Visually, this looks like what happens to the USS Enterprise-E in Star Trek Nemesis. But, in terms of canon stuff, this basically explains why the conference room of Kirk’s Enterprise looks so different than it does in Pike’s era. That part of the ship was destroyed!
Tilly gets inside of a Jefferies Tube, just like Scotty.
When Tilly pulls some last minute repairs, the image will remind TOS fans of Scotty inside of what is called a “Jefferies Tube.” Named for designer Matt Jefferies, versions of the Jefferies Tube has existed across all versions of Star Trek, but Tilly’s repairs mostly evoke the kind occupied by Scotty when he pulled last minute repairs on the Enterprise in episodes like “The Naked Time,” and “The Doomsday Machine.”
Number One’s name?
When Pike heads down to help Admiral Corwell with the torpedo, he says, to Number One, “I’m giving you the conn, Una” This seems to establish that Number One’s real name is, in fact, Una. Though, at the end of the episode, when she’s being grilled by Starfleet, she says her name is “Number One.” The name Una has popped up for Number One in a variety of Trek books, most notably the first Discovery novel, Desperate Hours in 2017. This book also gave Detmer her first name; Kayla.
Classic Klingon Fleet.
First glimpsed in “Point of Light,” and then again in “ Through the Valley of the Shadow,” this episode shows us classic D-7 Klingon battlecruisers in action. These ships look exactly like Klingon ships from the TOS episode “Errand of Mercy.”
Spock’s “balance” foreshadows his friendship Kirk.
When Spock says goodbye to Michael Burnham, he tells her “you are my balance.” Spock is mostly talking about embracing his Vulcan side over his human side. In The Original Series, we know Spock is a little colder than the man we’ve met on Discovery.
Michael tells him: “There’s a whole galaxy of people out there who will reach for you. You have to let them. Find that person who seems farthest from you and reach for them.” Though Burnham doesn’t know it yet, the person she’s talking about is almost certainly James T. Kirk, Spock’s best friend and the man who will give up everything to save Spock over and over again.
Spock speaks in Vulcan.
Spock tells Burnham he loves her in Vulcan. This is the second time we’ve heard the Vulcan language this season on Discovery. The first time the language was spoken out loud was in Star Trek: The Motion Picture during Spock’s kolinahr.
The wormhole effect references Star Trek: The Motion Picture.
In an very unexpected visual Easter egg, this episode of Discovery gives a huge shout-out to 1979’s Star Trek: The Motion Picture. When the USS Discovery enters the wormhole created by Burnham, the faces of Saru, Owo, Detmer, Bryce and the rest of the bridge crew get blurry.
This is the exact same effect from The Motion Picture, which happens when the USS Enterprise accidentally enters a wormhole, which was created by accident. Mercifully, this DISCO episode does not use the sound-effect from The Motion Picture, in which the members of the bridge crew also talked in slow motion, too.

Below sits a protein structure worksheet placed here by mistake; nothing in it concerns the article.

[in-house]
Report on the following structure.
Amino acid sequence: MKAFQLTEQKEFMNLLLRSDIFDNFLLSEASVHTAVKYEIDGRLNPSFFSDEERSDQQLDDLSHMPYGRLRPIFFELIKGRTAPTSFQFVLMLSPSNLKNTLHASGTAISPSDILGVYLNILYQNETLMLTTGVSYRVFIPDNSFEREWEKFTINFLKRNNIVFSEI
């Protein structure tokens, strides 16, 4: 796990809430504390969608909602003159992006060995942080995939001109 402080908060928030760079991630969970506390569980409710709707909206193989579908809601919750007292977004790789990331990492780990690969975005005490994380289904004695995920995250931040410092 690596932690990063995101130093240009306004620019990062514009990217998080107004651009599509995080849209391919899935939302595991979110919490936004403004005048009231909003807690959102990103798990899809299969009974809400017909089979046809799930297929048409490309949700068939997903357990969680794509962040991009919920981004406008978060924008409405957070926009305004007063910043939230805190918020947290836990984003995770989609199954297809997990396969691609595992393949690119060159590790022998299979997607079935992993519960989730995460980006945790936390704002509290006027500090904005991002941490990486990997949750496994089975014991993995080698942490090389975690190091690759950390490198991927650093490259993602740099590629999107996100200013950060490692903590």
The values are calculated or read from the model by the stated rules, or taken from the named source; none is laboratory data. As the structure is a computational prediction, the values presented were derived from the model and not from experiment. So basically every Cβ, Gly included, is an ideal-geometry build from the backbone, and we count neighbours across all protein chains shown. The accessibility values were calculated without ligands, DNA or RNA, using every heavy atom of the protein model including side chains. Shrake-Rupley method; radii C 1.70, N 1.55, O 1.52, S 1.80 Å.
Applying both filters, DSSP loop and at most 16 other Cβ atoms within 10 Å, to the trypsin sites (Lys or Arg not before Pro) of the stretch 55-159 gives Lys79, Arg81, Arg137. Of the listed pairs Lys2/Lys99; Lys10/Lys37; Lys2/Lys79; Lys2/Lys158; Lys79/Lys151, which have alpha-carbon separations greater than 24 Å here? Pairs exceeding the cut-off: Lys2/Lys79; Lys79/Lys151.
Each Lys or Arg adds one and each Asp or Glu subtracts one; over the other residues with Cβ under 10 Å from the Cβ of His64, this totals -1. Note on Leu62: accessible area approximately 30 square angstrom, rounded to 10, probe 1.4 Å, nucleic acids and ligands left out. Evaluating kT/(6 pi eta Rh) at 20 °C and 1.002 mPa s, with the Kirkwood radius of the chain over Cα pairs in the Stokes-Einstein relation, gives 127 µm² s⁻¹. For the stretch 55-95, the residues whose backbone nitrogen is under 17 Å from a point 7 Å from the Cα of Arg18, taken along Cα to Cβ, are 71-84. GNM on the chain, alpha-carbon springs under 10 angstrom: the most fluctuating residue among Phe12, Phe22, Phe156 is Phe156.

The ending of the episode finds Pike, Number One and Tyler all being debried at Starfleet Command in San Francisco. Though Starfleet Command has been depicted as being located near the Golden Gate Bridge in San Francisco since The Motion Picture, there is some debate as to its exact location.
Episodes of Voyager and Deep Space Nine seem to suggest that Starfleet Command is located in Presidio, though sometimes — like in Star Trek VI: The Undiscovered Country — it looks like it’s located in Fort Baker, across the bay. Either way, this is the first time we’ve seen the exterior of Starfleet Command Headquarters in Discovery.
Spock quotes a regulation that comes from Deep Space Nine.
When Spock quotes the regulation about time travel, it’s taken directly from the Deep Space Nine episode, “Trials and Tribble-lations.” As Spock says in this episode of Discovery, the regulation — 157 section 3 — reads: “Starfleet officers were required to take all necessary precautions to minimize any participation in historical events.”
Ironically, in the episode “Trials and Tribble-lations,” Starfleet officers from the future participate in historical events involving Spock! Another layer of irony here is that those same events from “The Trouble With Tribbles” involve a Klingon surgically altered to look like a human. Which, is exactly what happened to Voq/Ash Tyler in season 1 of Discovery.
Spock quotes Neil deGrasse Tyson.
When Spock says “ the Universe is under no obligation to make sense to me,” he’s paraphrasing the famous physicist Neil deGrasse Tyson, who is also a real life Trekkie.
Spock’s science station is totally retro.
When Spock takes his science station on the bridge of the Enterprise, the entire console is pretty consistent with what he uses on The Original Series. This includes his little personal viewer, as well as the hypnotic scanner effect on his viewscreen. Also, as noted, he’s shaved his beard and is wearing his blue uniform. Duh.
Saucer fade references “The Cage.”
As the camera zooms away from the USS Enterprise bridge, and fades into outer space, this references the exact opposite shot from the very beginning of “The Cage.” In the very first Star Trek pilot episode, the camera zooms in on the top part of the saucer of the Enterprise and fades to reveal Captain Pike and Spock on the bridge, listening to the distress calls from Talos IV.
Now, as Discovery leaves the Enterprise to go on its future adventures, this shot seems to complete the opening shot of “The Cage,” which, is a beautiful and fitting way to so goodbye to Captain Pike, and this specific time period of the Trek universe.